Cavendish Pianos really are in a field of their own

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The Times, February 27 2013 [original article]

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Harrods may no longer sell pianos, but there’s still a future for the old joanna — in an idyllic Yorkshire dale

When Harrods closed its piano department this month, brusquely declaring that pianos “no longer warranted the space”, many commentators were quick to proclaim a symbolic moment. Out rolled the obituaries: yes, the old joanna has had a good run (Bartolomeo Cristofori made the first three centuries ago), but surely the rise of electronic keyboards has now rendered it as obsolete as the typewriter.

The figures seem to justify the gloom. Fewer than 5,000 new “acoustic” pianos are sold in Britain each tear, compared with 20,000 in the 1980’s. And if you time-travelled back a century, to the days before radio and television, you would find pianos in millions of British pubs and parlours, the prime source of home entertainment for rich and poor alike. That was the era when one small patch of North London, centred around Kentish Town and Camden, boasted 300 piano-making firms employing 6,000 people. Even in 1951, when the Royal festival Hall opened, Britain’s prestigious new concert venue was equipped not with Steinways but pianos made by Danemann of Islington.

Today? One by one all those companies merged or closed. Kemble, the last British maker, shut its factory in 2009. And if it hadn’t been rescued with Japanese money (Yamaha) the end would have come years earlier.

Like cars and ships, pianos seemed to be items the British once manufactured superbly, then gave up trying to make.


The Cavendish family: from left, Milly, 12, daughter of Adam and Charlie Cox, with technician John Spencer, builder Adam Connelly and technician Joe Ellis
Photography for The Times, Gabriel Szabo/Guzelian


They started as piano repairers and dealers in Leeds, selling Kemble pianos. Then Kemble packed up, but the Coxes still had customers wanting to buy British pianos. That gave them the idea of making their own. The Duke and Duchess of Devonshire, big landowners in the area, put up some of the money (hence the adoption of the Devonshires’ family name, Cavendish), skilled piano technicians were recruited, and – most crucially – suppliers of components and materials were sourced locally.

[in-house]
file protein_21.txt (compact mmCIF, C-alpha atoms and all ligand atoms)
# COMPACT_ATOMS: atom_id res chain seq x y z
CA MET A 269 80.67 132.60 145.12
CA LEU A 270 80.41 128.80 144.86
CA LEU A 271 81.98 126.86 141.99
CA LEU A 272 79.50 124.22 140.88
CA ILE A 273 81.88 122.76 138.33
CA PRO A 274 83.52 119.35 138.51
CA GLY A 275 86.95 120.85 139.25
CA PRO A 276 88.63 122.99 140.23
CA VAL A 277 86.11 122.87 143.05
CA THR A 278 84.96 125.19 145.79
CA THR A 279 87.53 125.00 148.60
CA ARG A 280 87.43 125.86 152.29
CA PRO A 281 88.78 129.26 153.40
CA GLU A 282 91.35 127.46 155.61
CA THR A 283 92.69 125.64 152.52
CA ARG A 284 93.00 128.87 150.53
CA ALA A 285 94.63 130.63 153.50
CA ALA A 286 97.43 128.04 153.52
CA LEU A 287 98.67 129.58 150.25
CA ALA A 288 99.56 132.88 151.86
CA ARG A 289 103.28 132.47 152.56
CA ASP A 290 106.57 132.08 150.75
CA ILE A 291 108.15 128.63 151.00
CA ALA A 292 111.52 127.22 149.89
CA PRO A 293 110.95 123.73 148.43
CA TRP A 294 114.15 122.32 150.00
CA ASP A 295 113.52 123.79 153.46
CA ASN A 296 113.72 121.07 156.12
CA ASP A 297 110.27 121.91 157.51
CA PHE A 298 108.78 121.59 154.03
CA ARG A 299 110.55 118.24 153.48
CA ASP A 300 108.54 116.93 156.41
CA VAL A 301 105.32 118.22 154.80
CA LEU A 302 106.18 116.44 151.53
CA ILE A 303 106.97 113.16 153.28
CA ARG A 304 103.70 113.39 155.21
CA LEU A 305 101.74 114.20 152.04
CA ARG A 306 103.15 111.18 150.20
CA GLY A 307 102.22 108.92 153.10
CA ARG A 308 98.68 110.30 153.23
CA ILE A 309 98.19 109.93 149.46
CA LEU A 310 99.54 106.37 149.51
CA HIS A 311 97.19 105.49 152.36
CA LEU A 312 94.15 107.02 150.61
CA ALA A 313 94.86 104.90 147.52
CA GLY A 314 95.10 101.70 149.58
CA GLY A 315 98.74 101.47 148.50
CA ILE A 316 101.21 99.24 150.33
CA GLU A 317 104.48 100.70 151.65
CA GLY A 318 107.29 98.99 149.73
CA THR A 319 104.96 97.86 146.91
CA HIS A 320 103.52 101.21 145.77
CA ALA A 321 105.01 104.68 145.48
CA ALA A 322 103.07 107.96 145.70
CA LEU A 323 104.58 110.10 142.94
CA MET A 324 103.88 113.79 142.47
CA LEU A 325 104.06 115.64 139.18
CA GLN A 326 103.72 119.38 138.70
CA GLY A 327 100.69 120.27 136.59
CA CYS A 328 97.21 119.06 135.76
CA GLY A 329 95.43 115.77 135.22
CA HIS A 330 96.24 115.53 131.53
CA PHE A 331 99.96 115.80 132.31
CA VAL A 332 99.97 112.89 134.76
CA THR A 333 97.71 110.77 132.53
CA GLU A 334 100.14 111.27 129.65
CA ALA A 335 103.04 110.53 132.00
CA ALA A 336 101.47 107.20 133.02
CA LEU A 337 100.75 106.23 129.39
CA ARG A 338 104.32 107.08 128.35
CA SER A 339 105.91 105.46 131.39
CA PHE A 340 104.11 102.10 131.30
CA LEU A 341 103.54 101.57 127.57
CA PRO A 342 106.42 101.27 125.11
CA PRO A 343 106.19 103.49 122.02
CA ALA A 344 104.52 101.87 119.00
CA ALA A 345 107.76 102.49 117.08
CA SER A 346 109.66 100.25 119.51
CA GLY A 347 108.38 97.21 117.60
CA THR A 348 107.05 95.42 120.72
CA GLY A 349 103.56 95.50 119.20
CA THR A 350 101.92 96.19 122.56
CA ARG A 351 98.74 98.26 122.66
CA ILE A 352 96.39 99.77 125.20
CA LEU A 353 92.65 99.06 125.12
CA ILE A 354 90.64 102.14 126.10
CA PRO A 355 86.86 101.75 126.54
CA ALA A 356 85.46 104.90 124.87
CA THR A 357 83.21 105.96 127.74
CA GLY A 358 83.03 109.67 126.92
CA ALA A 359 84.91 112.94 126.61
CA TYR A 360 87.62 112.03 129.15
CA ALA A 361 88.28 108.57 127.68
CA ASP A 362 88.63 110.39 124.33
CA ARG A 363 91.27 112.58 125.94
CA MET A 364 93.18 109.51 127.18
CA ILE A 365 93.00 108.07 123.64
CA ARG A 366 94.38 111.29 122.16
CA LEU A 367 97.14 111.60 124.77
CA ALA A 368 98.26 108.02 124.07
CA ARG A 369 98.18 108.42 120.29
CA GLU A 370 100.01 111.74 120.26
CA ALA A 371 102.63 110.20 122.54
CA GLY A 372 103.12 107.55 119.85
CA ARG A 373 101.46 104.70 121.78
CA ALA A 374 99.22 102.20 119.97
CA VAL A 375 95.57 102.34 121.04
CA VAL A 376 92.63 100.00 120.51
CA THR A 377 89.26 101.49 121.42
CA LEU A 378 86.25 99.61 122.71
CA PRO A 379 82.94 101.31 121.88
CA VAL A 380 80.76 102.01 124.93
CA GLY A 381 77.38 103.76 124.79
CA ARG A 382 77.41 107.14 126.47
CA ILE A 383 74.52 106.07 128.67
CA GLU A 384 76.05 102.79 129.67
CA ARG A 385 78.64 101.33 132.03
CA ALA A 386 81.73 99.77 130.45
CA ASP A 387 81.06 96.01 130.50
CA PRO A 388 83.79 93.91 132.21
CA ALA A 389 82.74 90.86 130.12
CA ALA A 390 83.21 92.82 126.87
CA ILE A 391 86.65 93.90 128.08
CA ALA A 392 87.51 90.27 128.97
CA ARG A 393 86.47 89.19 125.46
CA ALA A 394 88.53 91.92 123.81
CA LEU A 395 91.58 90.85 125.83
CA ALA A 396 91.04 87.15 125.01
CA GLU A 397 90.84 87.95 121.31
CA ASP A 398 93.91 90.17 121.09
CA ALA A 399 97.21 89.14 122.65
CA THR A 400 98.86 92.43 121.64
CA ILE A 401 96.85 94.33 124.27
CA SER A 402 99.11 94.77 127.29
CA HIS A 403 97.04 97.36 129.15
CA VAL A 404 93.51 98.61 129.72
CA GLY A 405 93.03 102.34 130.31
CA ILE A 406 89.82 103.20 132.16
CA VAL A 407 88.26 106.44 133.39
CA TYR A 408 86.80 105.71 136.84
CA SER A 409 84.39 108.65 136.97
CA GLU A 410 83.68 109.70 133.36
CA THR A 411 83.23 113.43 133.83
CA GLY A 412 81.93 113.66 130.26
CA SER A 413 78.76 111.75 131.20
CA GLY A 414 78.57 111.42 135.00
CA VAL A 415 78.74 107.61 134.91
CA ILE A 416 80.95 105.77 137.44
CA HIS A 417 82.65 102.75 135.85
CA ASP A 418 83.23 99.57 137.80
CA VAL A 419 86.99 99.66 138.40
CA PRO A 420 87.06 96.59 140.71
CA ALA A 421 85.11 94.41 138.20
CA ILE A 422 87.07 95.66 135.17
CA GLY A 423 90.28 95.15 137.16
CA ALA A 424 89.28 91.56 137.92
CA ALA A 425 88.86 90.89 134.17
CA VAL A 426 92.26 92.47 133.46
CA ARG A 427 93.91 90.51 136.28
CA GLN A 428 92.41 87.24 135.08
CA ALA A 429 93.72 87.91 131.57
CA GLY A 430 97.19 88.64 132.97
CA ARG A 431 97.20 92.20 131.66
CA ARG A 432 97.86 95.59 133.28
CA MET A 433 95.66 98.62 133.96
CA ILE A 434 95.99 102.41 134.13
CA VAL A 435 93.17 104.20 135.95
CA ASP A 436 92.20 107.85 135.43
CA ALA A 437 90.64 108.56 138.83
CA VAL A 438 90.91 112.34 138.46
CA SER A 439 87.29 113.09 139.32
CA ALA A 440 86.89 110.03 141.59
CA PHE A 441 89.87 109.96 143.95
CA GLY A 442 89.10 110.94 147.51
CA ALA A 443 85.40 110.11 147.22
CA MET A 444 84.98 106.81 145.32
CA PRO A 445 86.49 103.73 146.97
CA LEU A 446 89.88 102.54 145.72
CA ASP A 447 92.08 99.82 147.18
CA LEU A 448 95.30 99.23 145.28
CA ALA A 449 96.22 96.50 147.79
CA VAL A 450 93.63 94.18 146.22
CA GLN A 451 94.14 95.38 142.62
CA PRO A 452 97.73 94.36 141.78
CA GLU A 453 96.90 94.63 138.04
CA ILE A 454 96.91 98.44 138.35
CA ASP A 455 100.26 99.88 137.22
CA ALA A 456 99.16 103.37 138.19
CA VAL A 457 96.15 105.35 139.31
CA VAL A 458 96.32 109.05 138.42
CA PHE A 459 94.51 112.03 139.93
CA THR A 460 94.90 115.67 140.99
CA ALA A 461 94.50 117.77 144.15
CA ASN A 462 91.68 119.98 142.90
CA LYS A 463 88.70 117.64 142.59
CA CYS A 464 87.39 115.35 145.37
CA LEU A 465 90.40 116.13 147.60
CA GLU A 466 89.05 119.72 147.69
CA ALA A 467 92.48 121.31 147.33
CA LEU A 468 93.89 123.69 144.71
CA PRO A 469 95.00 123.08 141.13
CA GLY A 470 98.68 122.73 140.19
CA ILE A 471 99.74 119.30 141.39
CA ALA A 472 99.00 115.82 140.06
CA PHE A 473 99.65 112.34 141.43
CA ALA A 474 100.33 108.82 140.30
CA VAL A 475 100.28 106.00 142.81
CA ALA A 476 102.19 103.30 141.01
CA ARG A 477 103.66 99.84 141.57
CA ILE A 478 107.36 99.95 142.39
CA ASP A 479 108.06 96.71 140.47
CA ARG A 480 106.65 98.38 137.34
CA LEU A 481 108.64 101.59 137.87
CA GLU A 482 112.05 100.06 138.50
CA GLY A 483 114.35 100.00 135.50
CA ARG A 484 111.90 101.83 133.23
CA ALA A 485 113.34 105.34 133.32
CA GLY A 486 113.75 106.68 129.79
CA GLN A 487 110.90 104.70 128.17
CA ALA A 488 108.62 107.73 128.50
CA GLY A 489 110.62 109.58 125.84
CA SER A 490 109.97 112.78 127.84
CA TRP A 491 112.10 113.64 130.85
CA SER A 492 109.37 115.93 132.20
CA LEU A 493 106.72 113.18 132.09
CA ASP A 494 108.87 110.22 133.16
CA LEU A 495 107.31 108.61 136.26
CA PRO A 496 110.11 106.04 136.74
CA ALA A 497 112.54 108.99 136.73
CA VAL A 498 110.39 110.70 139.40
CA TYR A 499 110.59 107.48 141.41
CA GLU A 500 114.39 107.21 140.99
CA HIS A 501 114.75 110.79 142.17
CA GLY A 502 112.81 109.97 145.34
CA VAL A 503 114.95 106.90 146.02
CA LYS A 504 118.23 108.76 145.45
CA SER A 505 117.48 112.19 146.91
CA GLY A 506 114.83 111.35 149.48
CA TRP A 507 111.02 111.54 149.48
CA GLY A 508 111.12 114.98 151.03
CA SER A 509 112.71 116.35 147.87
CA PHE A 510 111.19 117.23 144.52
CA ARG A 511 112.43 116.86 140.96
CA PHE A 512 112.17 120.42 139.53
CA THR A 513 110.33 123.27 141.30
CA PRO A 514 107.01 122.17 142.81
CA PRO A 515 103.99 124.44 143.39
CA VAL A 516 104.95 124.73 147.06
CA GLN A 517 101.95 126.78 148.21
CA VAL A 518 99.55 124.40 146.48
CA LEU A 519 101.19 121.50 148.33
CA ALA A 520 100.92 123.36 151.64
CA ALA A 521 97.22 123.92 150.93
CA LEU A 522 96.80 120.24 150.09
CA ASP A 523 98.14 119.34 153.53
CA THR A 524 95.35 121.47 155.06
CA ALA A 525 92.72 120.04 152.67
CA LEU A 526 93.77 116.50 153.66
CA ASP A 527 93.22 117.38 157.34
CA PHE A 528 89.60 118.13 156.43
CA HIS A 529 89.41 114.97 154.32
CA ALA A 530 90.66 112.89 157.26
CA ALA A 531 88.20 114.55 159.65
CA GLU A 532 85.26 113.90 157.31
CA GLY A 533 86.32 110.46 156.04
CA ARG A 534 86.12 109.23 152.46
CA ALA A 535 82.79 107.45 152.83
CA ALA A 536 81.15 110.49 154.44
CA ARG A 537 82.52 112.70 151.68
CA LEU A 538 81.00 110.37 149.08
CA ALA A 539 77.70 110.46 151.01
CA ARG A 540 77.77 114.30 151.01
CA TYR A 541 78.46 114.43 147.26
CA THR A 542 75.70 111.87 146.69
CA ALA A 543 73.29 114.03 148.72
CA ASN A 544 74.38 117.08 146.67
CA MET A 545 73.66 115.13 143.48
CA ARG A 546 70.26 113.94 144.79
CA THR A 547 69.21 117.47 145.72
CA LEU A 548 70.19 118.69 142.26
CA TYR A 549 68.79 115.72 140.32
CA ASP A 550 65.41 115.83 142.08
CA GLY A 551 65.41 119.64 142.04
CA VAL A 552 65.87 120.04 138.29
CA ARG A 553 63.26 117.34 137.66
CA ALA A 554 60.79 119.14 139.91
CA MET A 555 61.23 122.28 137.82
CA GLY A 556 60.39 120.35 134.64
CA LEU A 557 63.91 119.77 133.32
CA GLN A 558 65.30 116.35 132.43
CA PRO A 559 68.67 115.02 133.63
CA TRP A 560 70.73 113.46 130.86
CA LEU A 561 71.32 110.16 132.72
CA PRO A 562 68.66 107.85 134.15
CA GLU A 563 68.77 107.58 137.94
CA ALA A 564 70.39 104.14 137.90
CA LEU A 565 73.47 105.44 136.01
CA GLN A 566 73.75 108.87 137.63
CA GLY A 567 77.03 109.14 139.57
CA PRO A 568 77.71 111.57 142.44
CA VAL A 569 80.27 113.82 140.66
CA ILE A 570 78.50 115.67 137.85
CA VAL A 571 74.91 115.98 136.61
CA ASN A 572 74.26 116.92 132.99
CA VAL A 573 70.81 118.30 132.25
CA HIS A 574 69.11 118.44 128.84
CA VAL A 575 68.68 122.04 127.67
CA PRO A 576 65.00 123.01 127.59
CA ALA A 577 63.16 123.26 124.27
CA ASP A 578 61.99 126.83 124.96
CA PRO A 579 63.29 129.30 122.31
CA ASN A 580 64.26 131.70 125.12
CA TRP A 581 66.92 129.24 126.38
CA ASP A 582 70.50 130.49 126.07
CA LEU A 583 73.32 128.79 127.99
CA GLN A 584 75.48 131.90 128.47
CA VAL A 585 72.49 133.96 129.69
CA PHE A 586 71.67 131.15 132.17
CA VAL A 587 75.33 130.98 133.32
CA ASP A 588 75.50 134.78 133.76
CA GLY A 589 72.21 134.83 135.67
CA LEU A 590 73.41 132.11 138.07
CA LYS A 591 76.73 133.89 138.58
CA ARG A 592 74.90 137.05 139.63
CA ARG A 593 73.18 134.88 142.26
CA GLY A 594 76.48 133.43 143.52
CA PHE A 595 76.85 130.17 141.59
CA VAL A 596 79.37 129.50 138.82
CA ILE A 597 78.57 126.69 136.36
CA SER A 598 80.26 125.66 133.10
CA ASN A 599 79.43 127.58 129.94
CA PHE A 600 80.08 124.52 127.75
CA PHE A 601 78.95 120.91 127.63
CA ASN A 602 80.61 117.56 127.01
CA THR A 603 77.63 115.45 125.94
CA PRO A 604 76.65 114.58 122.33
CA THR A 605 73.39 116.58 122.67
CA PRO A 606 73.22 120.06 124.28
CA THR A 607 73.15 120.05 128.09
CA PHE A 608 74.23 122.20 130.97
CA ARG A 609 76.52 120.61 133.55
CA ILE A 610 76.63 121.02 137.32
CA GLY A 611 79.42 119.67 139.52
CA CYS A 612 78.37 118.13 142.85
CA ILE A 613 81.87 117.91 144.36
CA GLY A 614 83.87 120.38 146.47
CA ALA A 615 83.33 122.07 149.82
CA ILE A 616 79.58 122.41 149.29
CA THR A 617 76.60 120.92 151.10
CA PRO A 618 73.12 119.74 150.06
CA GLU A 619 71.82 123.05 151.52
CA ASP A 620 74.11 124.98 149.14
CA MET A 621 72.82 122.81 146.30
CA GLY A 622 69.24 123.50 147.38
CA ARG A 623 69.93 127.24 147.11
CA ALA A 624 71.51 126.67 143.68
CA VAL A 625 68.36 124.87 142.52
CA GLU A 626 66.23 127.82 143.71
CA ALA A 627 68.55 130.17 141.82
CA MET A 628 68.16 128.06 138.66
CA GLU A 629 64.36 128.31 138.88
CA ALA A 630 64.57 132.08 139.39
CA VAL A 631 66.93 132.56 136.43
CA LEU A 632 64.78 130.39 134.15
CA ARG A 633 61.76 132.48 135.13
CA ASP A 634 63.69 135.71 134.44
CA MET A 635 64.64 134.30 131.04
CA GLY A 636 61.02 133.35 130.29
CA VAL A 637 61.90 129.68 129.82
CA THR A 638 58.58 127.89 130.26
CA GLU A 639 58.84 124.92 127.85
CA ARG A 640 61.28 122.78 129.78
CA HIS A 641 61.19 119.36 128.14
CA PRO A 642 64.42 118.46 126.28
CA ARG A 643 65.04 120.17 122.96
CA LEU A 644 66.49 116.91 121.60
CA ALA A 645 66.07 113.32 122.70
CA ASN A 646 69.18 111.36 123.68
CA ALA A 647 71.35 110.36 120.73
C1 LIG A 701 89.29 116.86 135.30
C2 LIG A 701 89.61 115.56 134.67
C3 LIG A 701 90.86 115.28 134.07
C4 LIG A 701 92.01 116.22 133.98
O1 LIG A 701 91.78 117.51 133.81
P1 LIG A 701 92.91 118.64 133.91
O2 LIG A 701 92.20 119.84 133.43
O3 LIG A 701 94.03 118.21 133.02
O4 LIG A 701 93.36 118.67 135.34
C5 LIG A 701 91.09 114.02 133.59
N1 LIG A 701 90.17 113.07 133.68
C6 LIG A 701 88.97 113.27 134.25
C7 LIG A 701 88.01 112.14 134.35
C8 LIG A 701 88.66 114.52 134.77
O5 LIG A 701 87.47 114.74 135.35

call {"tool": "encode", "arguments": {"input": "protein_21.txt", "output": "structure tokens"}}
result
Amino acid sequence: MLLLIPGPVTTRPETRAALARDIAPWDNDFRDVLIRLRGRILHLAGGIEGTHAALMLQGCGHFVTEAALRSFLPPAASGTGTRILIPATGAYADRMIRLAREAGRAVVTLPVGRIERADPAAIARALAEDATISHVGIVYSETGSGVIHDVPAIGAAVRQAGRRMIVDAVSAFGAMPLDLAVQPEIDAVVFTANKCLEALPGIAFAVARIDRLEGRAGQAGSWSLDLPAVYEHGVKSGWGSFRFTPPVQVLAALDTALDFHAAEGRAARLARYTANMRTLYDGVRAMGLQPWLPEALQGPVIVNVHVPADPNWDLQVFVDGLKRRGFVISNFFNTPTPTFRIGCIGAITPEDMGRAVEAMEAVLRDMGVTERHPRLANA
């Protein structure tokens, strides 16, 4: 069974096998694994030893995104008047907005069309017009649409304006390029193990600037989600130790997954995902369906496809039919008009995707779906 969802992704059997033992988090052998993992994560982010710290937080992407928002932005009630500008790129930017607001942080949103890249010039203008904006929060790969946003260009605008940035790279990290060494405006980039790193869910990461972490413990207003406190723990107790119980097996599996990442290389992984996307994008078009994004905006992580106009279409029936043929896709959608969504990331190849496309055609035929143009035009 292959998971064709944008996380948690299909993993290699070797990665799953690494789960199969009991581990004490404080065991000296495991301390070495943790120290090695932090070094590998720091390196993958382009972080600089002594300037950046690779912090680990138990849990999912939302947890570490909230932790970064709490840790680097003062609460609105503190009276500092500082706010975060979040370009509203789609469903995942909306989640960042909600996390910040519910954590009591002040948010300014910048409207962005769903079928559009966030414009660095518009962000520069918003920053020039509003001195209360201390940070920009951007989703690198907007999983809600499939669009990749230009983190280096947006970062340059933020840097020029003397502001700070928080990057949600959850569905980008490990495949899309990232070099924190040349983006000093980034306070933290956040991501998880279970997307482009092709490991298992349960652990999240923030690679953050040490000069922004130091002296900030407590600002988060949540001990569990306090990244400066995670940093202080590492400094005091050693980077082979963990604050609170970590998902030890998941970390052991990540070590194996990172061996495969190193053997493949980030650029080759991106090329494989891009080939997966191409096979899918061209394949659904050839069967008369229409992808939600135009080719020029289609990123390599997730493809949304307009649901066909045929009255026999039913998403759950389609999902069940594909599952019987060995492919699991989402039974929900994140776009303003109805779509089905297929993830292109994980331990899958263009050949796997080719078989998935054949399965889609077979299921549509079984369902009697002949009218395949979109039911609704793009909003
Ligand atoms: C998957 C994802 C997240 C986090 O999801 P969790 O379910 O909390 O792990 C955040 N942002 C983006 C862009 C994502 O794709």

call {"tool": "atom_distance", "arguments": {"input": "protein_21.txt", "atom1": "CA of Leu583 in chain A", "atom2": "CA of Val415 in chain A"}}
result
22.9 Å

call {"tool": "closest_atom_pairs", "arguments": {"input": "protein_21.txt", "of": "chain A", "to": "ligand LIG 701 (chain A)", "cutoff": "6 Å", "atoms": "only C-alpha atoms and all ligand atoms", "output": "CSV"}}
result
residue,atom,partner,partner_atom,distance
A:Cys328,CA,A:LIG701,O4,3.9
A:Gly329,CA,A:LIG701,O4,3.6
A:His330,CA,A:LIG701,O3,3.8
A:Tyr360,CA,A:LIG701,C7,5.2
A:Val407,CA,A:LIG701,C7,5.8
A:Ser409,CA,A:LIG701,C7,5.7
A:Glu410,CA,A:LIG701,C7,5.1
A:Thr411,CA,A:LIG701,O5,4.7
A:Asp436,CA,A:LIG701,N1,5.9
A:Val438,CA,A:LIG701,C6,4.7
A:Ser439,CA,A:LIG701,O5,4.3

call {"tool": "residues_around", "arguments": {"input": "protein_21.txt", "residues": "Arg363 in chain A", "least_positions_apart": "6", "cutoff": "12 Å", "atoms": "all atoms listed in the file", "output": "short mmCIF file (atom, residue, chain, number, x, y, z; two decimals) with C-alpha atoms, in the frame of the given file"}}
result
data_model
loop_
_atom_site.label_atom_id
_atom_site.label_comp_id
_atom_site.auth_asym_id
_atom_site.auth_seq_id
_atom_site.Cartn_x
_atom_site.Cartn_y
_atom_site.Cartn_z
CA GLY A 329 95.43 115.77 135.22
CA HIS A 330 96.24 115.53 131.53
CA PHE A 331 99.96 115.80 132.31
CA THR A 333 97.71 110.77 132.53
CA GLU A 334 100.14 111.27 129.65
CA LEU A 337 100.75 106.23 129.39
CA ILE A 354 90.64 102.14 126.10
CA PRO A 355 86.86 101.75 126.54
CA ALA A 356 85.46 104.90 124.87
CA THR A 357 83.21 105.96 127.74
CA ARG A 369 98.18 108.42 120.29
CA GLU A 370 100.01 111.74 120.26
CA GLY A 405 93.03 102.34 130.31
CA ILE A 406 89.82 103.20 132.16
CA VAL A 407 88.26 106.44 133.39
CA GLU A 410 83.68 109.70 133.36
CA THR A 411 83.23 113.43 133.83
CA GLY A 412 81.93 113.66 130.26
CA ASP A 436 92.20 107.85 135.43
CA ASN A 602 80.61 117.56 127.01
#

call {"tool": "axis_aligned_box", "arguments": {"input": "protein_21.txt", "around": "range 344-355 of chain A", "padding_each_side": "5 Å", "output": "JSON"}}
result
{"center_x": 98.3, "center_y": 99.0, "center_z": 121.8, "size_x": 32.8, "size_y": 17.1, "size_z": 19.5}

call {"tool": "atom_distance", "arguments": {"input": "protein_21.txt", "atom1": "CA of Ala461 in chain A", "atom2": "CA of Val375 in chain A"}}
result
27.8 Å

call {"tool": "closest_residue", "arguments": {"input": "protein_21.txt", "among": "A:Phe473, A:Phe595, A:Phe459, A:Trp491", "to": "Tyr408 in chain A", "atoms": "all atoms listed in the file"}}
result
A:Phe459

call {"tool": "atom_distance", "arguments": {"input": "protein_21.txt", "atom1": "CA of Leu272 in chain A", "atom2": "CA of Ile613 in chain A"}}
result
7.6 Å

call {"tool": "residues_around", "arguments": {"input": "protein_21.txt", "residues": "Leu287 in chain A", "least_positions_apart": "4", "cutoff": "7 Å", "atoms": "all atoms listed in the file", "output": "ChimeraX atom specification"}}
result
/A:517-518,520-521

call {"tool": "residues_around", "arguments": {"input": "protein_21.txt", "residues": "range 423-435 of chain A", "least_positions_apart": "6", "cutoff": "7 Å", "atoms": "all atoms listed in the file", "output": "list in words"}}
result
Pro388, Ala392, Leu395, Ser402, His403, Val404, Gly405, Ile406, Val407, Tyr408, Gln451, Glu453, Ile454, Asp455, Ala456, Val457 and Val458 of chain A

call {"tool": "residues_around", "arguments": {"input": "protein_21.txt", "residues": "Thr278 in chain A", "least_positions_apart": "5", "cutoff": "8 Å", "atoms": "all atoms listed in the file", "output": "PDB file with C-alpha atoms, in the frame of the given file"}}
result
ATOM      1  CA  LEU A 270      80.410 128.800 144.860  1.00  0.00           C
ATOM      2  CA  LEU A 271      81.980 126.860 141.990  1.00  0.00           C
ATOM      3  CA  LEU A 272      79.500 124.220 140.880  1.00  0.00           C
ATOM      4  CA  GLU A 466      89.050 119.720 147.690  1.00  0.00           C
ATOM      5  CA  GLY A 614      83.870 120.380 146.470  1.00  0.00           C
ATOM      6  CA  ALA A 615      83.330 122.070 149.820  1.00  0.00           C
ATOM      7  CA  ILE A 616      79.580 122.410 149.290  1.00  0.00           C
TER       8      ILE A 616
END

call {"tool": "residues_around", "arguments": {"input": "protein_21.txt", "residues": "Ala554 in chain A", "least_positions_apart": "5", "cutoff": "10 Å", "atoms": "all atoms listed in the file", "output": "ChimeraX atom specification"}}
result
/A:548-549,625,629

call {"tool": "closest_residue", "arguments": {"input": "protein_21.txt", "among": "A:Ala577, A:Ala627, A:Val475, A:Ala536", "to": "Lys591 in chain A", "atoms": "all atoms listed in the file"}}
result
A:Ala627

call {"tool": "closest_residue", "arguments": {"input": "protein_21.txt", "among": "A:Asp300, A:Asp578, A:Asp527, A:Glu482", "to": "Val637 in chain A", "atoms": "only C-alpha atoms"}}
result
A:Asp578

“Compared with the giant production lines in the Far East, we are making something more like organic bacon,” Adam says. “Look at that pedal-action. That’s British beech attached to British oak, not metal and plastic. That will be working longer than we will. We found a chap in Otley who does superb veneering. The strings are made by Barney, a lovely man in Suffolk. The felts come from Hainsworth, a high-quality textile mill in Leeds that’s been there for centuries. And so on.

“All of which is heart-warming – but is piano-making in 21st-century Britain viable? Cavendish pianos aren’t cheap. The most “affordable” of the three upright models costs £4,995; the top-price model will set you back ten grand. By comparison, you could buy a reasonable electronic keyboard for well under £1,000. And electronic keyboards can be shifted easily round the house and played through headphones.All of which is heart-warming – but is piano-making in 21st-century Britain viable? Cavendish pianos aren’t cheap. The most “affordable” of the three upright models costs £4,995; the top-price model will set you back ten grand. By comparison, you could buy a reasonable electronic keyboard for well under £1,000. And electronic keyboards can be shifted easily round the house and played through headphones.

For that reason, more than any lack of ambition, “small is beautiful” is likely to be the motto for British piano-makers such as Cavendish for the foreseeable future. “The chances of anyone opening a huge piano factory in Britain are minimal,” Laurence says. “On the other hand, we are good at producing bespoke instruments. I see that as the future: local workshops turning out a few instruments each month.”

A limited vision, then – but at least the British piano industry now has a future. And British piano-makers are certainly not alone in their battle for survival. In recent years the most famous piano-maker on the planet, Steinway & Sons (now 30% Korean-owned, incidentally), has had to lay off or reduce the hours of its workforces in New York and Hamburg, so savage is the competition from Far Eastern companies making grands that sound as good (or almost as good) at a third of the price. “Yes, even the Germans are struggling,” says Laurence, with just a tiny hint of schadenfreude in his voice.


Richard Morrison
The Times, February 27 2013 [original article]


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